According to these groups, climate change is a problem that can be tackled without major disruption to the status quo. All that’s needed are some smart policy changes. These will create new job opportunities; the economy will continue to grow; and Americans will be, both ecologically and financially, better off. Standing in the way of progress, so this account continues, is a vociferous minority of Tea Party–backed, Koch brothers–financed climate change deniers. Former president Jimmy Carter recently summed up this line of thinking when he told an audience in Aspen: “I would say the biggest handicap we have right now is some nutcases in our country who don’t believe in global warming.”

Klein doesn’t just disagree with Carter; she sees this line of thinking as a big part of the problem. Climate change can’t be solved within the confines of the status quo, because it’s a product of the status quo. “Our economic system and our planetary system are now at war,” she writes. The only hope of avoiding catastrophic warming lies in radical economic and political change. And this—again, according to Klein—is the good news. Properly understood, the buildup of CO2 in the atmosphere represents an enormous opportunity—one that, well, changes everything. “The massive global investments required to respond to the climate change threat” could, she writes,

deliver the equitable redistribution of agricultural lands that was supposed to follow independence from colonial rule and dictatorship; it could bring the jobs and homes that Martin Luther King dreamed of; it could bring jobs and clean water to Native communities; it could at last turn on the lights and running water in every South African township…. Climate change is our chance to right those festering wrongs at last—the unfinished business of liberation.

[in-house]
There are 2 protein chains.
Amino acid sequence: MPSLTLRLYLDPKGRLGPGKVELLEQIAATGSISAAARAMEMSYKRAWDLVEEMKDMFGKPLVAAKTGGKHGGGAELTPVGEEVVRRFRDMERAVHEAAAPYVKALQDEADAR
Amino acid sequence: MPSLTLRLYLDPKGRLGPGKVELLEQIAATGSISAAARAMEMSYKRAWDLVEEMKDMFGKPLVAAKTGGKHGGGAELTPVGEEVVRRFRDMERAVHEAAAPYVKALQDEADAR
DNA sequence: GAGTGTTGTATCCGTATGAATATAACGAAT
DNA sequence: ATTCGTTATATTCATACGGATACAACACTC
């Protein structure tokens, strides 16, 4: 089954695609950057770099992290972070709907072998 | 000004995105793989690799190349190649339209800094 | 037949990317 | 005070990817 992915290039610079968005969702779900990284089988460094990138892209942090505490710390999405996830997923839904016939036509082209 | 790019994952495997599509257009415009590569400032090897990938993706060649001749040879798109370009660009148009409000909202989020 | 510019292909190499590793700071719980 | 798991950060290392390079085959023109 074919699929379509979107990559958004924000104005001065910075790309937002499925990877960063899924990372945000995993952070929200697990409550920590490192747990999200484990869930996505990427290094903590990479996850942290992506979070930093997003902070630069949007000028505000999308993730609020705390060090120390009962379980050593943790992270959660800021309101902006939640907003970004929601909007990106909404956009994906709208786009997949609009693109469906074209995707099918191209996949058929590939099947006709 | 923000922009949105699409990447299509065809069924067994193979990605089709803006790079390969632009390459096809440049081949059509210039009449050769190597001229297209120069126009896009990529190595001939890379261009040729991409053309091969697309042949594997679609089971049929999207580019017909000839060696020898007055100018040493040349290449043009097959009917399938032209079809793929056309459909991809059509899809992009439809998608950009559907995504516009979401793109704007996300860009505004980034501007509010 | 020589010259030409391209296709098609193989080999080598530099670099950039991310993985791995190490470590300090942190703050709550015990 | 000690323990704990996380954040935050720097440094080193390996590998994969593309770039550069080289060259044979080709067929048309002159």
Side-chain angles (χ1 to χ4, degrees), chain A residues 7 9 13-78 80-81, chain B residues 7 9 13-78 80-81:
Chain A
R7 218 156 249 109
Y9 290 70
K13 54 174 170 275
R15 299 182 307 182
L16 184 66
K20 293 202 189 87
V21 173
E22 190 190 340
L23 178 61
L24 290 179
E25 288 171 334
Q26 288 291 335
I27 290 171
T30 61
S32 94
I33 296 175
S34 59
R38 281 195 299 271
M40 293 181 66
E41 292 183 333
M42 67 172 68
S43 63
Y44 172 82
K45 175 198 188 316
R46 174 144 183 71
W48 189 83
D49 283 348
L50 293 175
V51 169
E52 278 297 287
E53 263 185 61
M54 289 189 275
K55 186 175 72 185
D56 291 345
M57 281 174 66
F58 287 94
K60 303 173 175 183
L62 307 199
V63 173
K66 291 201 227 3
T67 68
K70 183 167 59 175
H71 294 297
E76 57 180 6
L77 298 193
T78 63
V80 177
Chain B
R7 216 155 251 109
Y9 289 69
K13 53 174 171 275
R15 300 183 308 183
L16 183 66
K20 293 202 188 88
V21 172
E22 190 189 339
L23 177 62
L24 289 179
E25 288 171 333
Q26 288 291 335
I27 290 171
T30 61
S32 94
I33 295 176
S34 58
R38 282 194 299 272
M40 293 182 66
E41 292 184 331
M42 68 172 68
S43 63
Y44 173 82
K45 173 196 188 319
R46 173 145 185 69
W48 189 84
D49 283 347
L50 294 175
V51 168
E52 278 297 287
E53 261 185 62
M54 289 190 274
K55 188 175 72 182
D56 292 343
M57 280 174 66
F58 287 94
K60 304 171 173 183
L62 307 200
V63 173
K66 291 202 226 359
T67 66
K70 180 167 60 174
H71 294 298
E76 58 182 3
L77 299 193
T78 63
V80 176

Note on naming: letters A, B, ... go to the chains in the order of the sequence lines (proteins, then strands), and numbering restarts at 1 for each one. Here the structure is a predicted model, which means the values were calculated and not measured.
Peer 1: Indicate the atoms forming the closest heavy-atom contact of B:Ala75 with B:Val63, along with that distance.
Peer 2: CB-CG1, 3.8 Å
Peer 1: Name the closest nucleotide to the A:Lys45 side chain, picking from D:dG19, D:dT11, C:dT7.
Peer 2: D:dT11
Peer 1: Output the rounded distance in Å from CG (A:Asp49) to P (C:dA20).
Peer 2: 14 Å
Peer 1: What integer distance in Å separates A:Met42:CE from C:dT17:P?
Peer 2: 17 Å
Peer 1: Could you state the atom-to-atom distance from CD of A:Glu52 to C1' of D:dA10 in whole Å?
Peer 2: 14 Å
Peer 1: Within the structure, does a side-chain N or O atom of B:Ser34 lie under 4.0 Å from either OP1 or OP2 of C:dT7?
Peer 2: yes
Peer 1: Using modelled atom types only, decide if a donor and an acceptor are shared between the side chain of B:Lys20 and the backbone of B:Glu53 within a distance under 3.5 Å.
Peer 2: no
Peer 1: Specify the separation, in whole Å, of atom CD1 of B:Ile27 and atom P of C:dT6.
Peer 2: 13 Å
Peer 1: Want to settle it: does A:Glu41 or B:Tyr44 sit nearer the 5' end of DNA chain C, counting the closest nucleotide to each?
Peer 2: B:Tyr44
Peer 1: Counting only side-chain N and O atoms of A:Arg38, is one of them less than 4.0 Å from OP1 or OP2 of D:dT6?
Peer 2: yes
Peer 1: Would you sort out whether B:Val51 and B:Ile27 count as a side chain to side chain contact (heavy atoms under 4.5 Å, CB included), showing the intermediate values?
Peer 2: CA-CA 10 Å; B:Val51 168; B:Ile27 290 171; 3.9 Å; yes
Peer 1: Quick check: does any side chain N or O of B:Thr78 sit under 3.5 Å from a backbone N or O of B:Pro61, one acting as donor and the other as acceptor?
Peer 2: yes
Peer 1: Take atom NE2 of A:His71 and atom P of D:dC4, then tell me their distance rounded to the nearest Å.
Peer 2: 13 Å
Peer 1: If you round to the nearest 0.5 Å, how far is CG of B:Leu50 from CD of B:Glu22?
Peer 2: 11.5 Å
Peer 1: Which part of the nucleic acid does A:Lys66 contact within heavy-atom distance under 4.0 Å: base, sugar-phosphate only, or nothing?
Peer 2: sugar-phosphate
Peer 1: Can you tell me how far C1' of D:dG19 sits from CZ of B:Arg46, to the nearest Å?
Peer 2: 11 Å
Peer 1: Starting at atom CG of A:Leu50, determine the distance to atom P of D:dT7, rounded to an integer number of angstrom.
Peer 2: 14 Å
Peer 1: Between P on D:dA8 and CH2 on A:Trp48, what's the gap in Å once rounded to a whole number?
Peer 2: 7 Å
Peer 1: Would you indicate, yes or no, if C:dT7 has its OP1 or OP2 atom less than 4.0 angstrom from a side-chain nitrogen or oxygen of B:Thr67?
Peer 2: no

Klein begins by presenting the grim math of climate change. The world is, at this point, supposedly committed to holding warming to no more than 2 degrees Celsius (3.6 degrees Fahrenheit), a goal enshrined in a document known as the Copenhagen Accord, which President Barack Obama helped negotiate in 2009. This goal, as Klein points out, “has always been a highly political choice,” chosen more because it is—in theory at least—still attainable than because it actually represents a “safe” level of climate change. (“We feel compelled to note,” a group of prominent climate scientists has observed, “that even a ‘moderate’ warming of 2°C stands a strong chance of provoking drought and storm responses that could challenge civilized society.”)

What’s going to determine how much the planet on average warms is how much CO2 gets added to the atmosphere in total. To have a reasonable shot at limiting warming to two degrees, the general consensus among scientists is that aggregate emissions since industrialization began in the mid-eighteenth century must be held to a trillion metric tons. . .

Continue reading. (Minor correction in last paragraph: “consensus” is by nature “general” (consensus = general agreement), so “general consensus” is redundant. I’m surprised Kolbert didn’t know that.)

Written by Leisureguy

15 November 2014 at 10:34 am

Homebrewing becomes easier with more supporting products

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Full disclosure: I brewed my own beer, back in the ’60s when it was still illegal in the US (though making your own wine was perfectly legal). I believe the statute of limitations has long since passed. It was quite good: I ordered actual beer yeast (from Canada) and bottled it in returnable quart beer bottles.

Here’s a Washington Post article that describes current home-brewing technology.

Written by Leisureguy

15 November 2014 at 10:21 am

Two important notes for anyone renewing Obamacare coverage

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Actually important information, from Kevin Drum. Bottom line: don’t just hit “Renew”; shop around again: things may have changed. More at the link.

Written by Leisureguy

15 November 2014 at 10:14 am

Posted in Government, Healthcare